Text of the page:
Blog Archives

Why I wrote Invisible Men

This evening, Firstpost published a piece which carried videos by five of my interviewees, Gee Imaan Semmalar – who gave me consent to quote him, but declined a direct interview – and the partner of one of my interviewees. As

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Beyond Binary

(An edited version of this interview appeared in India Today, Jan 28 issue) Photo Credit: Vinay Aravind When did you decide that you wanted this (your initial thesis) to become a larger book? The book started off as a long-form

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5 reasons why Invisible Men has to be your new woke guide

(Reproduced from the website, from which this piece has been removed.) When Nandini Krishnan first set out to write Invisible Men, she walked in with her own limitations in understanding, both in terms of the topic at hand and in the direction

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No one who has ever loved a book could burn another

  Courtesy: Multiple Facebook posts on which I have been tagged. (If someone knows the photographer’s name, please tell me, so I can put in a credit line.) I had said earlier that I would share all reviews, negative or

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Who’s afraid of relationships?

I’m often asked – usually by men who are hitting on me, but also sometimes by interviewers – what I think of polygamy or polyamory versus exclusivity in relationships. The question leaves me a little…stuck, perhaps is the word. I

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Not-a-review of Miss Laila, Armed and Dangerous (but perhaps a review of its author Manu Joseph, and of misogynists, liberals, and reviewers)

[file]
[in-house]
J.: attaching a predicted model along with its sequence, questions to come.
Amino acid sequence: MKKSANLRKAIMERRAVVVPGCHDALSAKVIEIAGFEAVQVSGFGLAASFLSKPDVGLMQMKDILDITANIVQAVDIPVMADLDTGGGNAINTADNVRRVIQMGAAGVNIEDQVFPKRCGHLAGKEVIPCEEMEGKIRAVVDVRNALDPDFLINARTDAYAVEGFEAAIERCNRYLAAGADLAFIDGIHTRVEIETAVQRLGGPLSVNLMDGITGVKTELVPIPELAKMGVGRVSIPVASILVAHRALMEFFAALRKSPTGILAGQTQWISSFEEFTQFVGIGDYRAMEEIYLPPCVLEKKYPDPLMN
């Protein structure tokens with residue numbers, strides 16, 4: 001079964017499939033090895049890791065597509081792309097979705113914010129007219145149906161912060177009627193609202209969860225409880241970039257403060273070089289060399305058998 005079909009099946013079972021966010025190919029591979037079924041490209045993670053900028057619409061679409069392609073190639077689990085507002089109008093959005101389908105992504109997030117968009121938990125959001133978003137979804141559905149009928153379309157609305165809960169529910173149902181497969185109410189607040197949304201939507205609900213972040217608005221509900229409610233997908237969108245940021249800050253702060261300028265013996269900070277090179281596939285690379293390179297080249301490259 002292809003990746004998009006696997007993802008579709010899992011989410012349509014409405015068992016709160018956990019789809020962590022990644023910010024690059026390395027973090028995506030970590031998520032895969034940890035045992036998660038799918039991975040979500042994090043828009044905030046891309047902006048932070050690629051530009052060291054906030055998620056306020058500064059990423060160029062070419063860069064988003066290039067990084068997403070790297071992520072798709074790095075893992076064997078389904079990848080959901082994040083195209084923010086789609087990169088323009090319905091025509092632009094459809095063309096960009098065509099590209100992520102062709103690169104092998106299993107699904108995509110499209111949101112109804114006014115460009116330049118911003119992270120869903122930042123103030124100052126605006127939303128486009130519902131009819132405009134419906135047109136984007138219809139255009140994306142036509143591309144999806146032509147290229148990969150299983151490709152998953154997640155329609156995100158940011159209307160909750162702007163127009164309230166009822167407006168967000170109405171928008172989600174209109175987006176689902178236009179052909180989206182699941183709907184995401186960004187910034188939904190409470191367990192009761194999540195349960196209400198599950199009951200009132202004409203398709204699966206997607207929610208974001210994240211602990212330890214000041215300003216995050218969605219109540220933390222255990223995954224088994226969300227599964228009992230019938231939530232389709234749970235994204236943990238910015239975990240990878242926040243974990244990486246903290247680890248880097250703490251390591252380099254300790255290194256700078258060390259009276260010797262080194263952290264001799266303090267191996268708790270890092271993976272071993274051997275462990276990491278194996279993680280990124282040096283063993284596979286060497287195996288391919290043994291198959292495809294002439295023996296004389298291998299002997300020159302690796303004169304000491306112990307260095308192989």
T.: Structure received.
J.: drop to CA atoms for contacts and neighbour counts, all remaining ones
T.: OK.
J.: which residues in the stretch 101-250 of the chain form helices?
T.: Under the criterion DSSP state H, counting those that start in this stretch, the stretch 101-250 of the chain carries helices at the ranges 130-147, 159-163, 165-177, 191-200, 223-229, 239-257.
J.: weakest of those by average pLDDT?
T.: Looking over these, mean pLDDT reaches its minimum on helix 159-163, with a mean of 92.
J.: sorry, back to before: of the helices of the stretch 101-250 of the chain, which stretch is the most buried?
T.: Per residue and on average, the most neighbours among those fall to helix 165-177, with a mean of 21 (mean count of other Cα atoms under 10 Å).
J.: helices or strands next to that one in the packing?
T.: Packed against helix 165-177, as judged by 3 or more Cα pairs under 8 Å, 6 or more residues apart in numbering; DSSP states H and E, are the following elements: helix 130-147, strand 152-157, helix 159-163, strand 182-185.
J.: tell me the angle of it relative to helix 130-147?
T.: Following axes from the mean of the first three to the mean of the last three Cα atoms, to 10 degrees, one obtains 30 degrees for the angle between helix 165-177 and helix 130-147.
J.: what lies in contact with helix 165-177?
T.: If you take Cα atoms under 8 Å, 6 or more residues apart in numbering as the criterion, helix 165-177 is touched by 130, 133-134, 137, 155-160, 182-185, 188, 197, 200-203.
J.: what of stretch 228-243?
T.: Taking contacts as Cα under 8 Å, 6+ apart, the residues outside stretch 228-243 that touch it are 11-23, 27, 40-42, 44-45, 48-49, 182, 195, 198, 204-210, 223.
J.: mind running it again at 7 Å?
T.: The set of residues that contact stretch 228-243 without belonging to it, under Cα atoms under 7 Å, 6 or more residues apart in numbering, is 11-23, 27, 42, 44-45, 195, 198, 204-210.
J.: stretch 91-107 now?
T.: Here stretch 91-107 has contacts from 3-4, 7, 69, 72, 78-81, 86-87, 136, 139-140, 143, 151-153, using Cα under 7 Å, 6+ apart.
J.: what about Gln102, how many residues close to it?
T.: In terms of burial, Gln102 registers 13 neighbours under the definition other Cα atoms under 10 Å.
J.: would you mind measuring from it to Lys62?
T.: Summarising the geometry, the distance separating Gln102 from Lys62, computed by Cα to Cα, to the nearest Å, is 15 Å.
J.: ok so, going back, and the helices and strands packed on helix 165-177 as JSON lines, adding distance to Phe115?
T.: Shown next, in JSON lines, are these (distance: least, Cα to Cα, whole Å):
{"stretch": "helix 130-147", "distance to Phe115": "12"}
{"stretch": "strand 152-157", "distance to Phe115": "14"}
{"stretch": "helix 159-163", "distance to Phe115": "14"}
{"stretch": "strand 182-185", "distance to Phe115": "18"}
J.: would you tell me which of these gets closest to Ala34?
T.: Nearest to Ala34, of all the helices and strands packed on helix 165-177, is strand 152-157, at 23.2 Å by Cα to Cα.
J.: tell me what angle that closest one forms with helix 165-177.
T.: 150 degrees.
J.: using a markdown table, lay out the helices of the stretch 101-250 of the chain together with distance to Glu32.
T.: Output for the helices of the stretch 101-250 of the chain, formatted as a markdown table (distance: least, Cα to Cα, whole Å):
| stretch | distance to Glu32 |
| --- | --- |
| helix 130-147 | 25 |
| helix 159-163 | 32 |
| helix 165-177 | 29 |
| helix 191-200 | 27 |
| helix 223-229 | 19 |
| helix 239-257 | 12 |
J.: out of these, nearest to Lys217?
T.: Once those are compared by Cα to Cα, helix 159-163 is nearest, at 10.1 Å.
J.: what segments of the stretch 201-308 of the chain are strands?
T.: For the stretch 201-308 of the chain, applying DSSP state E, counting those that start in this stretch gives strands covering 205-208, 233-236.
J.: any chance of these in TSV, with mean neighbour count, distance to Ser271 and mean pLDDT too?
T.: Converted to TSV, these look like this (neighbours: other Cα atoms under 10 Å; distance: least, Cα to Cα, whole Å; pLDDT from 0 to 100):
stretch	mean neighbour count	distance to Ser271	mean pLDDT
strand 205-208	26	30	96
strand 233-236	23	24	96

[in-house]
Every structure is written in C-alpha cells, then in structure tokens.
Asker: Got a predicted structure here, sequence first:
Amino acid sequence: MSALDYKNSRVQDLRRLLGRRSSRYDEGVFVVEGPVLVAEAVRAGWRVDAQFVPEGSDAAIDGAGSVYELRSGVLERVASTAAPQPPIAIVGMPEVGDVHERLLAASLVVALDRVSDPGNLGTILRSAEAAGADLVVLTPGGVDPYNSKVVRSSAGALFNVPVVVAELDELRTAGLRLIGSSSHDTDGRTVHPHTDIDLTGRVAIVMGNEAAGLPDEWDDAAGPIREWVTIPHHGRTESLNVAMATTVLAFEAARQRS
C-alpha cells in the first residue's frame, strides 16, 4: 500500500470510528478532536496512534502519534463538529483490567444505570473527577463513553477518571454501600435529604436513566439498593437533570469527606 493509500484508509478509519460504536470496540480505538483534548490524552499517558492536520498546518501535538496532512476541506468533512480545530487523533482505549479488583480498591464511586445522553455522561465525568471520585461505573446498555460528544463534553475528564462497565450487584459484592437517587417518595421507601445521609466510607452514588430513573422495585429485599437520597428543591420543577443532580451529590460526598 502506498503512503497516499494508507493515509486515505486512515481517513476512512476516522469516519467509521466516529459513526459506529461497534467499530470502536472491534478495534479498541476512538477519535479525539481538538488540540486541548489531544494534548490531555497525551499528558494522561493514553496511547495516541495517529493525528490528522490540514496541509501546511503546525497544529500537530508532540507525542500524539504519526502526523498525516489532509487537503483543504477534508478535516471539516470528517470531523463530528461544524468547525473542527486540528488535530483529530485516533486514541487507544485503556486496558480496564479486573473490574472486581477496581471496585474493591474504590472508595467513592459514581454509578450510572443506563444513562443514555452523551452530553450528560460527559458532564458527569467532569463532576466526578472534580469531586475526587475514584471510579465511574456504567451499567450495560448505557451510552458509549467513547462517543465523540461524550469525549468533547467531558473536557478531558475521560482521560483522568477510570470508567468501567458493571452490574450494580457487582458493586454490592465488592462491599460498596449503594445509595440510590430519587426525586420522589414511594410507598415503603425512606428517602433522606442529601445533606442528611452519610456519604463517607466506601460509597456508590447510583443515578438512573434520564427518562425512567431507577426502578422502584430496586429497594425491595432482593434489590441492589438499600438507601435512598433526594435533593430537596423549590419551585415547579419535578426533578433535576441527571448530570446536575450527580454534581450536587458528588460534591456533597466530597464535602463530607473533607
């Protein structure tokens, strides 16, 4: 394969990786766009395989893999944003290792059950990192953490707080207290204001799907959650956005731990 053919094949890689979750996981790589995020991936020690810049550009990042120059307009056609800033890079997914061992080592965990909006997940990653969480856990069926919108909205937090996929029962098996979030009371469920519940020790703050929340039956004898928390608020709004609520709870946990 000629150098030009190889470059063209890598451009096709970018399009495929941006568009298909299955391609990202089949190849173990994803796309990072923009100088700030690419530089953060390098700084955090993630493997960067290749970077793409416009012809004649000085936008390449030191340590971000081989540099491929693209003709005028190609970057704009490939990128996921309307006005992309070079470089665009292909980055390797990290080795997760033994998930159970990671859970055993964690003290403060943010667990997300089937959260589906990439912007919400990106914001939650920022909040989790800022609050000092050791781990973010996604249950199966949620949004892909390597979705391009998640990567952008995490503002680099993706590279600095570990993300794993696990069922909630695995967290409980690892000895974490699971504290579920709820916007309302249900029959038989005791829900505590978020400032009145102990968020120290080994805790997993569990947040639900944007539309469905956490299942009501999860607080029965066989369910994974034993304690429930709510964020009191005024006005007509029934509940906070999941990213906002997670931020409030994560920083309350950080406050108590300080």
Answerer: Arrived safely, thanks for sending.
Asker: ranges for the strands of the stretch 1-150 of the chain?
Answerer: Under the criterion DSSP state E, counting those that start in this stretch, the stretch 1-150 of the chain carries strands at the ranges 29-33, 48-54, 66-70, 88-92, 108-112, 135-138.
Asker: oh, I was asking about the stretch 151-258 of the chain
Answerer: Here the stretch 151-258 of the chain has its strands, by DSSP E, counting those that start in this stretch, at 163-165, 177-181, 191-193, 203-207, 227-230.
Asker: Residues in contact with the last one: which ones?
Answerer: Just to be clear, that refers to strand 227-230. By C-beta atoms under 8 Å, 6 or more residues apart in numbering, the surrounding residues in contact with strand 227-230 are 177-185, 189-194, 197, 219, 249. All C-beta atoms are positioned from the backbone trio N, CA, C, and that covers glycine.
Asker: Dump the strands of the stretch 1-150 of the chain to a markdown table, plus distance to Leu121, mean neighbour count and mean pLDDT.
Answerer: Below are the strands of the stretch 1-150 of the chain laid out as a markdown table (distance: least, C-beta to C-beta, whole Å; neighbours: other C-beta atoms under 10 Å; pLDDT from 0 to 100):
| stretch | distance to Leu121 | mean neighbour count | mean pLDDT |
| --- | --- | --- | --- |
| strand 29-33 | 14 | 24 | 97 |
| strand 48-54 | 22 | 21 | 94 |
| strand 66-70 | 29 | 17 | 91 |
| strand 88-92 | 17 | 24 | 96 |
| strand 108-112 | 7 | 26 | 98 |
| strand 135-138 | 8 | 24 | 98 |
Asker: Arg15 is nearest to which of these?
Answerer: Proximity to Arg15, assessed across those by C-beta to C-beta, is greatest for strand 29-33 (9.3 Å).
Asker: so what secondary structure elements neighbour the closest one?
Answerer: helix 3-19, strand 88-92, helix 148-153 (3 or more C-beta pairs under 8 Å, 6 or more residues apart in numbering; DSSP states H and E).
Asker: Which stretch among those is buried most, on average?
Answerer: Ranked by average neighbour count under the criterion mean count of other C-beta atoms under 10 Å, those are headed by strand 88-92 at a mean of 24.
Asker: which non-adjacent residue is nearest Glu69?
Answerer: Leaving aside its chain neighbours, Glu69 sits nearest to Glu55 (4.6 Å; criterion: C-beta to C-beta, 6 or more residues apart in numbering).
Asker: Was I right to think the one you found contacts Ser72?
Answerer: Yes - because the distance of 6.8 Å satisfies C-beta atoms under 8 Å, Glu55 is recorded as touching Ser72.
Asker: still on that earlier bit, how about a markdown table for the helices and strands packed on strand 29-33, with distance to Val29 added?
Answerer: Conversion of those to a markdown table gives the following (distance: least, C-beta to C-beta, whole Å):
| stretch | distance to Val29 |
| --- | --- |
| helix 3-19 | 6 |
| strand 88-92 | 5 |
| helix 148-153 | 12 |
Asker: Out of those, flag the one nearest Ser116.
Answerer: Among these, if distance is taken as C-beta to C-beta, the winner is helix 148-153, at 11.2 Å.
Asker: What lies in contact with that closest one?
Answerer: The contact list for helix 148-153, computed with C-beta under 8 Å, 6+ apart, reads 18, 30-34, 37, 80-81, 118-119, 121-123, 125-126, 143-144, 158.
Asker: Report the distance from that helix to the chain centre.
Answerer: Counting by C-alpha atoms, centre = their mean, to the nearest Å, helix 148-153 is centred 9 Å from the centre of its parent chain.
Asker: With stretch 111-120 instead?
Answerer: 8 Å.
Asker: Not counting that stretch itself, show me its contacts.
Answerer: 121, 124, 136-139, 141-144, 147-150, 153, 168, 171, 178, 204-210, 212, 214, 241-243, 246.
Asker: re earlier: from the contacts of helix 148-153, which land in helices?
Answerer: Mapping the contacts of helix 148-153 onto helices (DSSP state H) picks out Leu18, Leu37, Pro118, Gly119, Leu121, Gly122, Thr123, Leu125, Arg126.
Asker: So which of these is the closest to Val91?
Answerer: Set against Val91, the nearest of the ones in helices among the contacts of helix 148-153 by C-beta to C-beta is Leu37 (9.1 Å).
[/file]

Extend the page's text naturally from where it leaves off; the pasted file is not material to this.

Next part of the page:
The first thing I did after finishing Manu Joseph’s Miss Laila, Armed and Dangerous, was send him an email, in which I said: “I don’t know how you make your readers laugh and cry at the same time, and I don’t

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Time Out Delhi’s review

Sadly, this magazine has now shut down and the website is not accessible, but here's a photograph from the print copy I have:  

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Transcript of Online Launch

This is the transcript of Nandini Krishnan’s conversation with bestselling author Ashwin Sanghi, at the launch of the former’s first book, Hitched: The Modern Woman and Arranged Marriage, published by Random House India. Ashwin Sanghi (AS): Nandini, honestly speaking, this is one of the most enlightening books that I

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For whom the bell peals

(Published in the July 2014 issue of Shubh Yatra magazine, retrieved from​) It’s rather awkward when one is deemed an expert on a subject one has no practical experience of. Since Hitched was released, I’ve been accosted by journalists, young men

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Interview with Bharat Matrimony: ‘Arranged Marriages are here to Stay’

(Published in Bharat Matrimony's blog, on February 21, 2014, retrieved from Are arranged marriages still relevant? I’m assuming we are talking about their relevance in urban, westernised India. That is the milieu that was my concern for the book,

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